When Anni did break off the engagement in September 2010, Dewani’s grandmother Ansyuben, as well has his father, Prakash, had called Anni’s father requesting him to encourage Anni change her mind. The Dewanis had allegedly said that breaking off the engagement would “damage” family’s reputation. Dewani, his father told Anni’s father, had previously called off another engagement and this could not happen for a second time.
On their wedding day, both Anni and Dewani, says Sneha, had agreed to “act out” the roles of the happy couple. Afterwards, Anni had told her father she would “manage her own life”. Throughout it all, Dewani and his family constantly promised that he would eventually “change his ways”.
Why was Anni not able to assert and act on her lingering doubts and fears? Why did she lack that sense of agency?
None of this, of course, “caused” Anni’s murder.
Millions of women (and men) across the world endure bad or unhappy marriages or unions for the sake of tradition or “keeping face” without resorting to murder.
A calculated killer was responsible for Anni’s murder while the couple was on honeymoon in Cape Town in November 2010. And the state will attempt to prove that that killer was Shrien Dewani even though he did not pull the trigger himself.
The question has always been why?
The court is going to hear sensational evidence about Shrien Dewani’s secret life as a “sub” – a submissive – in a BDSM (bondage, dominance submission and sadism) relationship with a UK based German escort, Leopold Leisser. Millions of people across the globe will no doubt be familiar with the territory (perhaps not as extreme as will be revealed in court) as it forms an integral part of EL James’ hugely successful international bestseller, Fifty Shades of Grey, read and relished apparently by mostly millions of women.
The form that Dewani allegedly filled in when he first visited Leisser makes for uncomfortable and painful reading. It offers insight into his most private and tormented sexual fantasies. These are going to be devastating for the Dewani family to absorb uncensored. Dewani’s “proclivities” and preferences are no doubt going to provide fodder for the world’s tabloids and spark debate about BDSM. There is no doubt also that there will be publications that will make this about sordid “gay sex” or the fact that Dewani might be a “closet” homosexual.
There will be a great unleashing of opinion and discussion as to why some prefer to express themselves sexually this way – consensually. The question that will remain unanswered is if Shrien Dewani had found himself able to live as an openly gay man who could frequent these clubs and establishments out of choice would he think of himself differently, have led a different life or found himself entering into a “sham” marriage.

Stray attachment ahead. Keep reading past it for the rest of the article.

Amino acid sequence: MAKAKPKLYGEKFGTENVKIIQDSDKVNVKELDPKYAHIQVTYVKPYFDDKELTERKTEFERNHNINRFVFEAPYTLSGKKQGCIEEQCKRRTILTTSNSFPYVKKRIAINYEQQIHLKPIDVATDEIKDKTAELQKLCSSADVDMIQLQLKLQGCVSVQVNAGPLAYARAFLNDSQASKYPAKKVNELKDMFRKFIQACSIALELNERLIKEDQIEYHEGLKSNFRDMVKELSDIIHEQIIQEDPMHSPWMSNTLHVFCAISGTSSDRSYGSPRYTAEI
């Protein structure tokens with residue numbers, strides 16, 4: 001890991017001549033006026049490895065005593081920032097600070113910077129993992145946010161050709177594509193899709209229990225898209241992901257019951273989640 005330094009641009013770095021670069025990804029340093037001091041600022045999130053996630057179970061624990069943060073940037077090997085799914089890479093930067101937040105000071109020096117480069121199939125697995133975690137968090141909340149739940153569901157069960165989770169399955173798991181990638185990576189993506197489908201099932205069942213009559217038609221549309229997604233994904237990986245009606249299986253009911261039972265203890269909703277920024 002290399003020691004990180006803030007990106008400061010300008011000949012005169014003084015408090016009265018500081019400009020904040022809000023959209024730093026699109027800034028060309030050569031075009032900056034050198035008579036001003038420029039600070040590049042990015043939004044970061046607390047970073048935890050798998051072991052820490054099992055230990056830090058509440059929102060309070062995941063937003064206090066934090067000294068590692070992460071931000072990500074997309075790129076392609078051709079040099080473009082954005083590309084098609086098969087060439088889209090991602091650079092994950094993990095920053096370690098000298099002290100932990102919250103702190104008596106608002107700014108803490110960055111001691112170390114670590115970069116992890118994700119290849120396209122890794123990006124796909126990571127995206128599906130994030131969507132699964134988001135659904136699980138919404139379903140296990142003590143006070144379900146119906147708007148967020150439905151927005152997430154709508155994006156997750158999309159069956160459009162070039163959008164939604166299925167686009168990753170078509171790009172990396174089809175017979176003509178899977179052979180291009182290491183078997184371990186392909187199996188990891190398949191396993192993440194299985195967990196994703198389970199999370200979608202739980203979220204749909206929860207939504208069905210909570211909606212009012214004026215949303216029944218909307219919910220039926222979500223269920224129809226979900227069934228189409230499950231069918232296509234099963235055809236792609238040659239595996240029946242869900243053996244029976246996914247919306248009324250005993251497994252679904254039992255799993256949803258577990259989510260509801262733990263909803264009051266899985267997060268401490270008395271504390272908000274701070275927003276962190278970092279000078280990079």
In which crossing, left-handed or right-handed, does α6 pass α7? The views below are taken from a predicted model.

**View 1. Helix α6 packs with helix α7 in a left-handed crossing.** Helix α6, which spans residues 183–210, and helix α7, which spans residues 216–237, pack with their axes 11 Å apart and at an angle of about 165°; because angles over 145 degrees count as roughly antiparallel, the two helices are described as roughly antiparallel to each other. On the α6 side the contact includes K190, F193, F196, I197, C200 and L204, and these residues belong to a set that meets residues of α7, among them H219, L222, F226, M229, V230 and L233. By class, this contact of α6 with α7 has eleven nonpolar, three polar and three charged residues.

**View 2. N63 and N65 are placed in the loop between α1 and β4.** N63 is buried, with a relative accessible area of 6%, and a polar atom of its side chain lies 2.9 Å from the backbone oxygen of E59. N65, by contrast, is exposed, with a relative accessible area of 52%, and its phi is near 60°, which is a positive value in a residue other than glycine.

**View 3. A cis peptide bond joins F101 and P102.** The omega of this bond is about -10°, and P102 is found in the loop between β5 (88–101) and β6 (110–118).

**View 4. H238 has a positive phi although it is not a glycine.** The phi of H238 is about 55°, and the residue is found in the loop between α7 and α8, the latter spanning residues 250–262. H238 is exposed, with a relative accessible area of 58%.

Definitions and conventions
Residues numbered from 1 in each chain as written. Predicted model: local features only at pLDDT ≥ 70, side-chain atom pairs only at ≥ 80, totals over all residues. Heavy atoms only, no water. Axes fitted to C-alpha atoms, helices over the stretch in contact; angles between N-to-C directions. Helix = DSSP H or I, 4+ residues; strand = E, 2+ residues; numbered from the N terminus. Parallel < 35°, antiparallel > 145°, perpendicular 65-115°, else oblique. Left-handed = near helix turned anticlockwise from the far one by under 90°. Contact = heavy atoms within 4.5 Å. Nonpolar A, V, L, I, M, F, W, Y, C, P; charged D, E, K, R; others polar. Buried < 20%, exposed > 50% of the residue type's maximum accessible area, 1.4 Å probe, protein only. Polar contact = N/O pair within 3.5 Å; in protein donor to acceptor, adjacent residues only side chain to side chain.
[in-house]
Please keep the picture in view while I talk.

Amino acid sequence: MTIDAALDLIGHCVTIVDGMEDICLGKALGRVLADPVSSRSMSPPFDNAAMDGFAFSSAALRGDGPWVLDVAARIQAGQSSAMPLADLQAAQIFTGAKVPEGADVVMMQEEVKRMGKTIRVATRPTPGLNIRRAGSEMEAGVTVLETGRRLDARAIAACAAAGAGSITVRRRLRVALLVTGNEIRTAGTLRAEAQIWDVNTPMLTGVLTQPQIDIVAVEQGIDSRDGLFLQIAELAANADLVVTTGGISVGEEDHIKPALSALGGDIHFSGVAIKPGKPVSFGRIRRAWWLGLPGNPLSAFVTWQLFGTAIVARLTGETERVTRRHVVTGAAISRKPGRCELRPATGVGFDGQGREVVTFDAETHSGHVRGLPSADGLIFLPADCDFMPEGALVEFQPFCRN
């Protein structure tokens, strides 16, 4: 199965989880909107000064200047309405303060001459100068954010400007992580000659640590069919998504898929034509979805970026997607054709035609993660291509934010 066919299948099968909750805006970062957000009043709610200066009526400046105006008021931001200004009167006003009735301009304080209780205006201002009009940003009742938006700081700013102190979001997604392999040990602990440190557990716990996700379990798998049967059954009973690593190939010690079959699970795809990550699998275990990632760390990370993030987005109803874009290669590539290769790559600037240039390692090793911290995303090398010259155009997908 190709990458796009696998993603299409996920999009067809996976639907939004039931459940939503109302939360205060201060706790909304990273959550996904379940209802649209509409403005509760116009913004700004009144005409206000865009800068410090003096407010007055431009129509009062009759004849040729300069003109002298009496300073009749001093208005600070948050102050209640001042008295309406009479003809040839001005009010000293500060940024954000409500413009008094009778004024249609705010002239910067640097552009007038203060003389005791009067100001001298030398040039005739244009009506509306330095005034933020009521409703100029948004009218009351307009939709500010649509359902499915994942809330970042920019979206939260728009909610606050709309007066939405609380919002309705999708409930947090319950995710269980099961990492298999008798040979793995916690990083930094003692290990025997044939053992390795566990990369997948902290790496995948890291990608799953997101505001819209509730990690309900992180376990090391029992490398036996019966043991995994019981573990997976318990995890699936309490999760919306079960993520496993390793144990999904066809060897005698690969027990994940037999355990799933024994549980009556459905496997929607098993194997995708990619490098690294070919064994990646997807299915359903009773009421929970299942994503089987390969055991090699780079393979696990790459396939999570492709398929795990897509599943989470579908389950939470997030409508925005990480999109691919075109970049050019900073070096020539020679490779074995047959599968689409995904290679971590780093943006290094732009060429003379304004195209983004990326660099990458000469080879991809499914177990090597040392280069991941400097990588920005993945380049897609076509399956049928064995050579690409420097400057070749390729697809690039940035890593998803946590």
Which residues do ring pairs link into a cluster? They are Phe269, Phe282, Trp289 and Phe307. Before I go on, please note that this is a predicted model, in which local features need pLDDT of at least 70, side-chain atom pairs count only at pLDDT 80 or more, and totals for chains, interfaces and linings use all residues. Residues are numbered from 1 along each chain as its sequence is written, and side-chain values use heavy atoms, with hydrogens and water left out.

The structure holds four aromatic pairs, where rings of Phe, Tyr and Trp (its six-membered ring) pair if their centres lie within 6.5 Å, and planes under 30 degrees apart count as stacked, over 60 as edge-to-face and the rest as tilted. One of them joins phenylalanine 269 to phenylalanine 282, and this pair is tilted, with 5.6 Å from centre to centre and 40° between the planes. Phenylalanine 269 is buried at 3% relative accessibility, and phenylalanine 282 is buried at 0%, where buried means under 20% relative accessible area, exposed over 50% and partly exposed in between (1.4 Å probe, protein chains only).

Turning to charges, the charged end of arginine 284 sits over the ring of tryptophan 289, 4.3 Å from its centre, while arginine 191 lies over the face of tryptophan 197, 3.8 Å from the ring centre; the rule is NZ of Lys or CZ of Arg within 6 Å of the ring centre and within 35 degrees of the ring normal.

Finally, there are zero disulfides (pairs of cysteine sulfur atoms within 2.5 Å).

We can only speculate at this point as to what exactly it was, if he is guilty as charged, that prompted his alleged callous course of action.
Did he simply want to “get out of the marriage” as Leister will testify? And why not just divorce her? Why arrange to have her murdered in this particular fashion? Was he planning to act out an 'eternally bereaved husband' role for the rest of his lifetime, therefore plausibly hiding his true sexuality from his own family and the entire world?
While none of the above pressures might have prompted any other individual to cold-bloodedly orchestrate the murder of an intimate partner, Shrien Dewani is accused of doing exactly that. In the next two months we will be subjected to every possible perspective that can be mined from the tragedy and that will attempt to weave the various threads set out above into what happened during that honeymoon to Cape Town in November 2010.
While the context of where the trial is being heard - a country where, according to independent researcher Lisa Vetten, the vast majority of women who are murdered die at the hands of boyfriends, husbands and lovers – this will most certainly not feature as a key issue. It was not acknowledged during the Pistorius trial.
Anni was Swedish and Shrien is British and this fact somehow erroneously places them “outside” of this context. Both legal teams will not present evidence on the global scale of the phenomenon or why it is men become so toxic. A wider examination of this will be left up to the fringes of mainstream media – in academic and feminist writings.
Meanwhile the media frenzy has begun and a bereaved Hindocha family, who has waited four years to discover the truth of what happened to their young daughter, will be bracing themselves for a replay of the full horror.
In the end only Shrien Dewani will be on trial. The other factors that might have inadvertently contributed to this tragedy will become lost in the cacophony of sound bytes and the search for an answer. DM
Photo: Shrien Dewani arrives at Belmarsh magistrates court in London 24 February 2011. The honeymoon murder suspect was discharged from hospital earlier this week after suffering from clinical depression and a stress disorder. EPA/FACUNDO ARRIZABALAGA